The pitch diameter of helical grooves .29 will be the same as that of common receiving groove 2!! and they will be located equiangular around the axis of rotation of the impeller in order to feed the rigid bodies, or unit quantities of fluid or solid particles into the impeller equidistant from and equiangular around the axis of rotation as required for dynamic balancing, and to avoid collision of the units with each other.

The number of helical grooves 29 and inlet ports 30 will be the same as the number of passageways (22, 23, etc.) if the number of passageways is three or any prime odd number over three. If the number of passageways is an odd number over three but not a prime number, such as: 9, 15, etc., the number of helical grooves 29 and inlet ports 30 will be the same as the smallest prime divisor of the number of passageways. If the number of passageways is two or any even number over two, two of each, helical grooves 29 and inlet ports 30 will suffice in all cases.

In devices used for handling rigid bodies, ports 30 extend towards impeller IT in the form of grooves 3| (Figs. 3 and 5) which are similar to keyways in hubs around shafts and are designed to keep bodies 2! from turning with the feed rotor and for directing the bodies towards common receiving groove 29 as the bodies are forced to move by helical grooves 29. Grooves 3| are not required when handling fluid or solid particles.

The operation of the centrifugal device is as follows for rigid bodies The bodies to be handled can be stored in any convenient reservoir and delivered by any desirable means to inlet ports 30 of pillow block [8. In Fig. l, a reservoir is shown supported from main frame H at an elevation above that of inlet ports 35 and bodies gravitate to the inlet ports. In some cases it may be preferred to have the bodies stored at a lower level and delivered to th inlet ports by mechanical, hydraulic or pneumatic means, or even manually if the number of bodies to be handled per unit of time is small.

As feed rotor 25 (Fig. 3) is rotated by drive 28, helical grooves 29 will force bodies 2| to travel along grooves 3| towards impeller l! where they will enter receiving grooves 29 simultaneously at points located equidistant from and equiangular around the axis of rotation of the impeller.

When dischar ed by feed rotor 26 into receiving groove 25. the bodies will, due to the centrifugal force resulting from rotation of the impeller and because of the volute form of passageways 22 and 23, pass on through the groove and passageways to near the periphery of the impeller and be discharged into groove 25 of impeller housing 13 at positions 2% and 23b, as will be understood in Figs. 2 and 3.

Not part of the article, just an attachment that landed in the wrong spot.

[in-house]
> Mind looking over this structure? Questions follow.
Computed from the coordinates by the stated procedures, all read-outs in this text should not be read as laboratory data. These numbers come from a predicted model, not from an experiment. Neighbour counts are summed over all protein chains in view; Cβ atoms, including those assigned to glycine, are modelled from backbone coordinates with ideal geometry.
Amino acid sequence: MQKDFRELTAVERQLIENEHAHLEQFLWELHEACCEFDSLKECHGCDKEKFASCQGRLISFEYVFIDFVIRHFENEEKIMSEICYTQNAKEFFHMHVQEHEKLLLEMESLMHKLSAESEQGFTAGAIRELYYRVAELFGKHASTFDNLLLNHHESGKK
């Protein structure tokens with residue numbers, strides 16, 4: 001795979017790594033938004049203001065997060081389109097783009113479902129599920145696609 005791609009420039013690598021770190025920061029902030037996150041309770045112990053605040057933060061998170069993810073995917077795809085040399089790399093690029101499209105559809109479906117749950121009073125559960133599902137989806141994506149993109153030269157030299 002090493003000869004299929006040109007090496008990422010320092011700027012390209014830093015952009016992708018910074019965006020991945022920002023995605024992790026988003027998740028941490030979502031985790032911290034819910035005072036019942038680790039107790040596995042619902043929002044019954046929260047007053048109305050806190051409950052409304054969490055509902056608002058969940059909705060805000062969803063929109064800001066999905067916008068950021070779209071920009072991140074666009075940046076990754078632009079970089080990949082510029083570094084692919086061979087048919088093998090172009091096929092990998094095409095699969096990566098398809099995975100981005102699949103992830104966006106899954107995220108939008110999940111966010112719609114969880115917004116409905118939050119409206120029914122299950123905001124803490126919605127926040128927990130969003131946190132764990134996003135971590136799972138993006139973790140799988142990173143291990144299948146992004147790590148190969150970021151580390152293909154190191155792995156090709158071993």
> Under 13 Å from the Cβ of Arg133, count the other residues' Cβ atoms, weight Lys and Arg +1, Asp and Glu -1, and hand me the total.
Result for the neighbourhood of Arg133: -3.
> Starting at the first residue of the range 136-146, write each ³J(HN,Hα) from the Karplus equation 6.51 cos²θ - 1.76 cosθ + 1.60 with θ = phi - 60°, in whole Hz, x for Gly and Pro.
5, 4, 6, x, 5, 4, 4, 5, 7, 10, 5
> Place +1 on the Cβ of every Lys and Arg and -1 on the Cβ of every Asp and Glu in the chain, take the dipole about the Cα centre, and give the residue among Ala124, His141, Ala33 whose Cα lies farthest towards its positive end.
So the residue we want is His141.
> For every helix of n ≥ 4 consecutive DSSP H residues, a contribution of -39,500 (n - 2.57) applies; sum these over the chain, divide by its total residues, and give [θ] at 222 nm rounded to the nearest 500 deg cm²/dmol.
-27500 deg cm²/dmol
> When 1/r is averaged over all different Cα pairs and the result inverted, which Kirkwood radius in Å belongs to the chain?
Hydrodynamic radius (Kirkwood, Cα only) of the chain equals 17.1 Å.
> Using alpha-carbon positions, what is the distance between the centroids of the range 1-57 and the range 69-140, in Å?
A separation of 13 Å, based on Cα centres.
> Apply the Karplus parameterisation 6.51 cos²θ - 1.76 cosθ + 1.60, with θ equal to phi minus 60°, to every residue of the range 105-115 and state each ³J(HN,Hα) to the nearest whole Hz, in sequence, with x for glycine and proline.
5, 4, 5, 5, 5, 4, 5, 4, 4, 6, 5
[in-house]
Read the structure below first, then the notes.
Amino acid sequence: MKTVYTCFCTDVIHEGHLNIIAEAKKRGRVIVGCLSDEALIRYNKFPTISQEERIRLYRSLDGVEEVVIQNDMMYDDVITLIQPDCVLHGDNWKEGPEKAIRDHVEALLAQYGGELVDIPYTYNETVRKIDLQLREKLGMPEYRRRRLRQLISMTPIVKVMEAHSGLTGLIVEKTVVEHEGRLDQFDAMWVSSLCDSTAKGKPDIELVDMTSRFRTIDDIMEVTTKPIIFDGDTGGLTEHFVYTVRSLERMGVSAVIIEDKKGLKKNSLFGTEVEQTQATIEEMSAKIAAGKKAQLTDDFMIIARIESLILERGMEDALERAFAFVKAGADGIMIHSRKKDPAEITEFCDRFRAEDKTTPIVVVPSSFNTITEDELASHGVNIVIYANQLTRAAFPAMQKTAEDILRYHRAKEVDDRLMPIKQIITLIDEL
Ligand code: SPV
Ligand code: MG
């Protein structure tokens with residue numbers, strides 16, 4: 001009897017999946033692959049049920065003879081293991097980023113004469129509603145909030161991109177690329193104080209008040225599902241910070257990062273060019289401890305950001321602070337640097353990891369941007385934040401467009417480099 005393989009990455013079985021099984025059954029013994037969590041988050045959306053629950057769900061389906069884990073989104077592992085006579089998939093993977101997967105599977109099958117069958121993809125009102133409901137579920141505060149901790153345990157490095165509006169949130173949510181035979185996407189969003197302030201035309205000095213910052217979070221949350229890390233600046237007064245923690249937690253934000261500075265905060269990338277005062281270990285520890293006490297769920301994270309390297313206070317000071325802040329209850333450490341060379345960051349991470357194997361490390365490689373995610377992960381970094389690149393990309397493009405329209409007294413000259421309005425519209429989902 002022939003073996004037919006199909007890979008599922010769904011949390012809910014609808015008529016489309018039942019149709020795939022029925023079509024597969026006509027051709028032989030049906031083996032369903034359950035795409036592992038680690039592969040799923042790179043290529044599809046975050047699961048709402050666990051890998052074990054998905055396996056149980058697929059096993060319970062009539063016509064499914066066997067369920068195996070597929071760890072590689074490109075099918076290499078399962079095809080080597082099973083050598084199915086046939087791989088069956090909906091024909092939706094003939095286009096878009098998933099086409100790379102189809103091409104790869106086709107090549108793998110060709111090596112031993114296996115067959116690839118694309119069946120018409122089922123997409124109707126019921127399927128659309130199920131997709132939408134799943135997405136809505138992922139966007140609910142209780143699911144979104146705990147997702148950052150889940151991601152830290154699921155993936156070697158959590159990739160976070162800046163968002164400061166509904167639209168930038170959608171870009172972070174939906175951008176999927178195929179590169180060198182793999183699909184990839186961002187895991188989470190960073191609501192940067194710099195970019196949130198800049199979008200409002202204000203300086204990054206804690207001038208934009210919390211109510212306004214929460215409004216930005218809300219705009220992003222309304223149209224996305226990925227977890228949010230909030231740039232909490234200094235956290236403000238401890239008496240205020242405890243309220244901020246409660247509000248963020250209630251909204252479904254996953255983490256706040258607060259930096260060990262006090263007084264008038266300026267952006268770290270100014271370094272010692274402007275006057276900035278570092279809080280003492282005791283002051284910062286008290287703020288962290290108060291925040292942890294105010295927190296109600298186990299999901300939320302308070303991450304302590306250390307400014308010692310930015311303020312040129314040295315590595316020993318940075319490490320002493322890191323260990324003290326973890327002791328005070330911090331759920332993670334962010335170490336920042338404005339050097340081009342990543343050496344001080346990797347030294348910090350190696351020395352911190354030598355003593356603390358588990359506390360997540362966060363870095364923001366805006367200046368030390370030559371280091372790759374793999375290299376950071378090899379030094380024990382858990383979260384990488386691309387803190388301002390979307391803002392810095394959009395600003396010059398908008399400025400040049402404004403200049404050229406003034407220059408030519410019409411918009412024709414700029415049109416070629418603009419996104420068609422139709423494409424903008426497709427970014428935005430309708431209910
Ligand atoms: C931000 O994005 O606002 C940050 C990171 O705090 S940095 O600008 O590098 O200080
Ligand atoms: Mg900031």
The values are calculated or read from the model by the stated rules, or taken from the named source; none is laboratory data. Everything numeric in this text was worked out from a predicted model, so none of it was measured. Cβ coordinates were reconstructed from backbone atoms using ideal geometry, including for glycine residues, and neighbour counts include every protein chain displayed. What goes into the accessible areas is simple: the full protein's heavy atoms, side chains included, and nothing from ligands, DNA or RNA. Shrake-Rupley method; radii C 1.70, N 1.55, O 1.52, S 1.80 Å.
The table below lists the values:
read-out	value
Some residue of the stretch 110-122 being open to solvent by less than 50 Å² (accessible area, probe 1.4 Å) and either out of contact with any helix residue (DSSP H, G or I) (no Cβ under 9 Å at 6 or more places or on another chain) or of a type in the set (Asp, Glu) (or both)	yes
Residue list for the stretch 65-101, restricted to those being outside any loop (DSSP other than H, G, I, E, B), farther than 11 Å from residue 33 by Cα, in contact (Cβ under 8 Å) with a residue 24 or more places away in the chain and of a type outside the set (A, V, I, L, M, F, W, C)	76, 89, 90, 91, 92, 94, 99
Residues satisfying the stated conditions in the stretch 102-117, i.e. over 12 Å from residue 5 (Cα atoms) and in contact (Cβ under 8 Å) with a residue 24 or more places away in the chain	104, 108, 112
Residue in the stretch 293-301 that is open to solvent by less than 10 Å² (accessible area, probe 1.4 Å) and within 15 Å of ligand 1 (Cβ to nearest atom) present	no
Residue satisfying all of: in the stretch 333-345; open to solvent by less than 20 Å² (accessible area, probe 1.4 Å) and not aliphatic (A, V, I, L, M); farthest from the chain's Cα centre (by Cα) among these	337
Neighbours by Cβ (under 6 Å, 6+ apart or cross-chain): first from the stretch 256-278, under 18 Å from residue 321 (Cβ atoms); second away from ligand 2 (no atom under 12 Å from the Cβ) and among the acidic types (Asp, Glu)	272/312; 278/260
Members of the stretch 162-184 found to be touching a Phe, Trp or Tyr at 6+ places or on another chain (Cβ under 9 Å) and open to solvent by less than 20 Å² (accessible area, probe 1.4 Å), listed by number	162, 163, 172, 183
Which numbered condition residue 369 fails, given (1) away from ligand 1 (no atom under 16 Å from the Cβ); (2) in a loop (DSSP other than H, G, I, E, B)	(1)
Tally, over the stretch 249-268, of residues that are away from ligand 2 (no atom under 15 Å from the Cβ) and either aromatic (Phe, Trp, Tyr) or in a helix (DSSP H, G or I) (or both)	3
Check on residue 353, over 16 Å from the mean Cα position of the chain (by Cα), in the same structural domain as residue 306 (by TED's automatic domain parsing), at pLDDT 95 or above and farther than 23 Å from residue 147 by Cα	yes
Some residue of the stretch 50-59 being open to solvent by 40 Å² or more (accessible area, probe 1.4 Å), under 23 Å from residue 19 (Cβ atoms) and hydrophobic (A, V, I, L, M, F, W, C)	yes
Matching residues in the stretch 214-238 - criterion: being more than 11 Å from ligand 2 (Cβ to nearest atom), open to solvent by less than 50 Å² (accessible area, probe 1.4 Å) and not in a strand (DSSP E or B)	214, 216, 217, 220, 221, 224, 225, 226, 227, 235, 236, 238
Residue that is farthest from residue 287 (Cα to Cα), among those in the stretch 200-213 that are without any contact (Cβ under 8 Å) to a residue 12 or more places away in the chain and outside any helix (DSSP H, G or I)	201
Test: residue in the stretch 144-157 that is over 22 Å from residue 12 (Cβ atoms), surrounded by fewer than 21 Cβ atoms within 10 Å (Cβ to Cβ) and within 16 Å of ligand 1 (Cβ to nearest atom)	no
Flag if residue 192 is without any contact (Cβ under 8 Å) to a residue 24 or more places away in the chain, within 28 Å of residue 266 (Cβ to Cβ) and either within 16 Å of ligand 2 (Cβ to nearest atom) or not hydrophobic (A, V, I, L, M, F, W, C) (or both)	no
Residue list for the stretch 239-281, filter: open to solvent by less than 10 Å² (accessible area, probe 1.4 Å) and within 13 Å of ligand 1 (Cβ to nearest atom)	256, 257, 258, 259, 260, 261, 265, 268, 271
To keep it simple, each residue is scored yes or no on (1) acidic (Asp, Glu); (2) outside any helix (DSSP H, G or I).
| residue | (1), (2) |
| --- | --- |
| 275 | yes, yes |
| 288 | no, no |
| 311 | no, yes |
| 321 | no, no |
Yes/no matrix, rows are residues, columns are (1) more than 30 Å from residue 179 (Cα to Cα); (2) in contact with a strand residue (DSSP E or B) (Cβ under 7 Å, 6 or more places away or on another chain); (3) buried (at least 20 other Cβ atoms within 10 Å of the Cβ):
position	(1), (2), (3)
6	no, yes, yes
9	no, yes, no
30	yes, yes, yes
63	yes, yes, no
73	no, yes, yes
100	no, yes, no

The velocity of the bodies when they leave the impeller will be the resultant of the velocity of the impeller at the point of discharge of the bodies and the velocity of the bodies relative to the impeller passageways at that point, and will be considerably greater than the velocity of the impeller only.

The momentum of the bodies when they leave the impeller will cause them to travel alon groove 24 until they reach discharge passageway 25 which is tangential to groove 2 's and proceed through the discharge passageway out of the device in the direction of the discharge passageway which can be pointed in any direction on the horizon by turning the device about its axis and the impeller housing about the axis of rotation of the impeller. The pointing can be done manually or by any conventional mechanical or automatic means now known to the arts.

The number of bodies handled per unit of time can be controlled by varying the rotating speed of feed rotor 26, which is independent of the speed of the device.

The operation of the device when handling fluids or solid particles is similar to that for rigid bodies except for the absence of grooves 3%, the substances being conveyed to receiving groove 20 by feed rotor 26 in the usual manner of screw conveyors. The number of quantities of fluid or solid particles handled per unit of time can be controlled by varying the speed of rotation of the feed rotor, or by reversing the direction of rotation of the feed rotor in addition to varying its speed of rotation if the pressure at inlet ports 30 is sufficiently high to force more fluid or solid particles through the helical grooves of the rotor than is desired.

The following pertinent features of the device described above should be noted:

1."The rigid bodies to be handled by the device could consist of pellets of either inflammable or fire smothering substances (or capsules containing such substances), explosive or non-explosive projectiles similar to those discharged by machine guns, anti-aircraft guns, etc., except that the shell and powder charge will not be required as the velocity will be imparted to the bodies by the centrifugal and tangential forces developed as a result of rotation of the impeller and the curvature of the impeller passageways, or any other rigid bodies to be projected to a predetermined point or area from a distance.

2. The solid particles could consist of grit, sand or shot, such as used for blasting materials to be cleaned, inflammable or fire-smothering substances, or any other substances to be projected to a predetermined point or area from a distance.

3. The fluids could be either liquids or gaseous substances to be projected to a predetermined point or area from a distance for the purpose of igniting objects in that area or extinguishing fires existing in that area, or for any other purpose.

4. As the rigid bodies are congruent in shape and of equal size and weight, and the unit quantities of fluids or solid particles are of equal volume, weight and pressure, and the feed mechanism will deliver the bodies or the unit quantitles to the impeller simultaneously at points equidistant from and equiangular around the axis of rotation of the impeller, the bodies or unit quantities will not disturb the dynamic balance of the impeller as they pass through its passage ways which are also designed for dynamic baiance, nor collide with each other.